Subscribe Search

Search form

"...a society cannot know itself if it does not have an accurate memory of its own history."

"...a society cannot know itself if it does not have an accurate memory of its own history."

When the Khmer Rouge began evacuating Phnom Penh, I was home alone; my mother and another family members had left for a safer location the day before, telling me they would come back for me. But the road was blocked and on April 18th, the Khmer Rouge told me that I had to leave. I went outside, but I had no idea of where to go because our neighborhood was completely deserted. So I started walking.

As a city kid, I didn’t have many survival skills, but hunger can make you learn a lot of things. I taught myself how to swim, for example, so that I could dive down and cut the sweet sugarcane growing in the flooded rice fields. And I learned how to steal food, how to kill and eat snakes and rats, and how to find edible leaves in the jungle.

So I never thought of dying, even once, during Democratic Kampuchea. Instead, I hoped that I would have a good night’s sleep and enough to eat one day. This hope was always with me and encouraged me to fight for life.

The Khmer Rouge changed my life forever. The need to find answers to why I endured so much pain and lost so many members of my family during the regime brought me to my profession of researching Democratic Kampuchea. I wanted to know why my sister was murdered, why I was jailed and tortured when I tried to find vegetables for one of my sisters who was pregnant and starving, and why my mother could not help me when I was being tortured. And I wanted revenge, too.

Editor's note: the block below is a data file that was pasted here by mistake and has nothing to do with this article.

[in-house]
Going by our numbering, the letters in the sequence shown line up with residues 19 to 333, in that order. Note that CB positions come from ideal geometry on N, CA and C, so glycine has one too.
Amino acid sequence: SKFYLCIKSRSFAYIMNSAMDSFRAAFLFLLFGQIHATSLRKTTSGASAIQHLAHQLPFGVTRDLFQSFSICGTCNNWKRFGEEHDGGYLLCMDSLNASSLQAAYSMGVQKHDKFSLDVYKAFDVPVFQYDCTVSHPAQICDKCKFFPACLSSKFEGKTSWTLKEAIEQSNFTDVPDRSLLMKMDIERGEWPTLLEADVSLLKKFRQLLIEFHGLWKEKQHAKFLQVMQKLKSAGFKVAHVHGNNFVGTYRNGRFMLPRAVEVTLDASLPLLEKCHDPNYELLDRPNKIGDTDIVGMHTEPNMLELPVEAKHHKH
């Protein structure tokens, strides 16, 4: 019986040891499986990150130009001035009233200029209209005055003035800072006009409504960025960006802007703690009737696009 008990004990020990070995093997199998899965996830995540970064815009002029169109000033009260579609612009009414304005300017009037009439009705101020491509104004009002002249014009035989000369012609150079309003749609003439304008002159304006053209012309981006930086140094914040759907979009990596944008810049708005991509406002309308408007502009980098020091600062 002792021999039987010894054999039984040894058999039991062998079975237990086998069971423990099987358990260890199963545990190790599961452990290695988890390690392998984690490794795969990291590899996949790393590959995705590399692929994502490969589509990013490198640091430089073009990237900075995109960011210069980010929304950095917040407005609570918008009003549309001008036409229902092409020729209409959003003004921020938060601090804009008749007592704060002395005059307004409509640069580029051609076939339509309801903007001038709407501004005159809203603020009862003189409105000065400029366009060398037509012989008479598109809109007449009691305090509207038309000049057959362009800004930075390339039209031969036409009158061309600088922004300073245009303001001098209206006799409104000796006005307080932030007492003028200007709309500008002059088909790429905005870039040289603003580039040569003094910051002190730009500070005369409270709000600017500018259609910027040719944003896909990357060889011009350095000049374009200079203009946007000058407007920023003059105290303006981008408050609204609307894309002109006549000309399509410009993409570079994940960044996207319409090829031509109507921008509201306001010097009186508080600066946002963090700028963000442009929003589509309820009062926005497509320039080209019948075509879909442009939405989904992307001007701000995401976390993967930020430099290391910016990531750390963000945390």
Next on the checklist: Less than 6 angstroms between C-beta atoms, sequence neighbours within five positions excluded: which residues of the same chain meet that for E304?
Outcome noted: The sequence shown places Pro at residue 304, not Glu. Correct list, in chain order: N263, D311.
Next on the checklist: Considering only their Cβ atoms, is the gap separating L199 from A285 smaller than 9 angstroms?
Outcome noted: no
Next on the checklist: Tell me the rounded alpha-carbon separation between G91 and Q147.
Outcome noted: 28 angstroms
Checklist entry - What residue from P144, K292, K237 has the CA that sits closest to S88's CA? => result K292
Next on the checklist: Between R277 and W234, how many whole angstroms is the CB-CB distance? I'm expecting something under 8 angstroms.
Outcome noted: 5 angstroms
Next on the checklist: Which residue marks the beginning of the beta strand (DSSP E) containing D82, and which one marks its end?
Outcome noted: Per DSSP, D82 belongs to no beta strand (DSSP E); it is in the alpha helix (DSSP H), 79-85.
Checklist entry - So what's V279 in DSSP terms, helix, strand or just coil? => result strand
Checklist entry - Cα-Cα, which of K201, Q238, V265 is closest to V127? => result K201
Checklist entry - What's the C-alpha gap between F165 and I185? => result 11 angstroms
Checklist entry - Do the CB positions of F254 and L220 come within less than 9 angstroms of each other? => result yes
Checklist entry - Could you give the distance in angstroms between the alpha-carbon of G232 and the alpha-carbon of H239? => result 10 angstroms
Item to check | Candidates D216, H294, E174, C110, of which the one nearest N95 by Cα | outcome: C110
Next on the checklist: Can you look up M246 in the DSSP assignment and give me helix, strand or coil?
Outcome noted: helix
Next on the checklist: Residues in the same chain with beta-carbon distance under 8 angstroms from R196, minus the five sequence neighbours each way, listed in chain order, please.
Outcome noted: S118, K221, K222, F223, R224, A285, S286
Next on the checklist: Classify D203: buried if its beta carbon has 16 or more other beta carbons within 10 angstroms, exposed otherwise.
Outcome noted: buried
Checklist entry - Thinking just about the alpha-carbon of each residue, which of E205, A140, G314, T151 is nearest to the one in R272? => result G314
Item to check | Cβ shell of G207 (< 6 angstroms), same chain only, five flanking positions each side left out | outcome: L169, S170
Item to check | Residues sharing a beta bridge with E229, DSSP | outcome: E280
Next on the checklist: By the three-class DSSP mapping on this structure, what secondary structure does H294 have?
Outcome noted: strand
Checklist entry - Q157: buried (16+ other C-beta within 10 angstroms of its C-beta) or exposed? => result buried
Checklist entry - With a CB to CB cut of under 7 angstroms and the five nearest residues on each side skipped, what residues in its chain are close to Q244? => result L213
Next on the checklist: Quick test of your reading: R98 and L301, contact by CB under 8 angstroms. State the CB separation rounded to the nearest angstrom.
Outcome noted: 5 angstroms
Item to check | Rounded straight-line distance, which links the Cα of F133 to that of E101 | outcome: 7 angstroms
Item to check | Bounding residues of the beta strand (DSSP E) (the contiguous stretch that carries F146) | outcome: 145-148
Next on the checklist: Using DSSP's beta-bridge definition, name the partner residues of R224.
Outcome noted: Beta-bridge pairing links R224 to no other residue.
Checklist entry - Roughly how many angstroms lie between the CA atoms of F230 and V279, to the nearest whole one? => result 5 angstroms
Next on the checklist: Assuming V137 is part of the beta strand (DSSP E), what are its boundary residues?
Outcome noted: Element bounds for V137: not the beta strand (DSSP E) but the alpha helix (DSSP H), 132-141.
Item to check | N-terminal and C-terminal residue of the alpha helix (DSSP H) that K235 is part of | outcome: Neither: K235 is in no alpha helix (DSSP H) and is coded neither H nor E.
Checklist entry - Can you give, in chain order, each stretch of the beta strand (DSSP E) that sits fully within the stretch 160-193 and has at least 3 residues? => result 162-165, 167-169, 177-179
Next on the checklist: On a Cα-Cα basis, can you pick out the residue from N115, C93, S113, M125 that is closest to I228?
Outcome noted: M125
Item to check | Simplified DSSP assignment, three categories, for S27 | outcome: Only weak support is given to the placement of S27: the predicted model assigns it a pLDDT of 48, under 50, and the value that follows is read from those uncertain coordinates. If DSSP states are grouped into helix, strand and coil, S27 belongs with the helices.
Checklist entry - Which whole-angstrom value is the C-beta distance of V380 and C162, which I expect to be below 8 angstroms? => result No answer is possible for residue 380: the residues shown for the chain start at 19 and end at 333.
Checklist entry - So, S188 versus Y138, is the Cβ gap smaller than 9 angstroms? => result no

Although I am still seeking answers to these and other questions, I no longer have a strong desire for revenge. Visiting the home where I grew up has been a comfort to me; it renews the hopes I had for education as a child, and it keeps the memories of my friends and loved ones alive. I grew flowers at my house when I was young: orchids, and thunderstorm, fingernail, and winter Tuesday plants. I grow the same flowers today at DC-Cam. They remind me of where I’ve been and where I’m going now. Searching for the Truth.
Comments excerpted from Youk Chhang’s speech prefacing a photo exhibition at Rutger’s University.


  • Kak Channthy, Cambodian Space Project frontwoman, killed in crash at 38 [Updated]

    Updated 5:05pm, Tuesday, March 20, 2018 Kak Channthy, frontwoman of popular The Cambodian Space Project, was killed Tuesday morning in a traffic accident in Phnom Penh. She was 38. Channthy, the internationally recognised singer-songwriter also known as “Srey Thy”, was reportedly travelling in a tuk-tuk on the city's

  • Australians protest Asean summit visit by PM Hun Sen

    Hundreds of protesters gathered in Sydney’s Hyde Park on Friday to protest against Cambodian strongman Hun Sen, who claimed to have been gifted millions of dollars by the Australian government ahead of a special Asean summit this weekend. An estimated 300 protesters, the majority of

  • One Australian, one Cambodian killed in explosion at military base

    Updated: 5:20pm, Friday 16 March 2018 An Australian tourist and a Cambodian soldier were killed in an explosion on Thursday afternoon at an army base in Cambodia’s Kampong Speu province. The Australian, whom the government initially identified as a technical demining expert in his 40s, and

  • Peeling back layers of prehistory in Battambang

    When the man passed away, he had not yet reached 50. He belonged to a tribe that had settled near the Sangker River in Battambang province, likely cultivating the fields and raising animals. On the side, they hunted for boars, and even turtles, one of which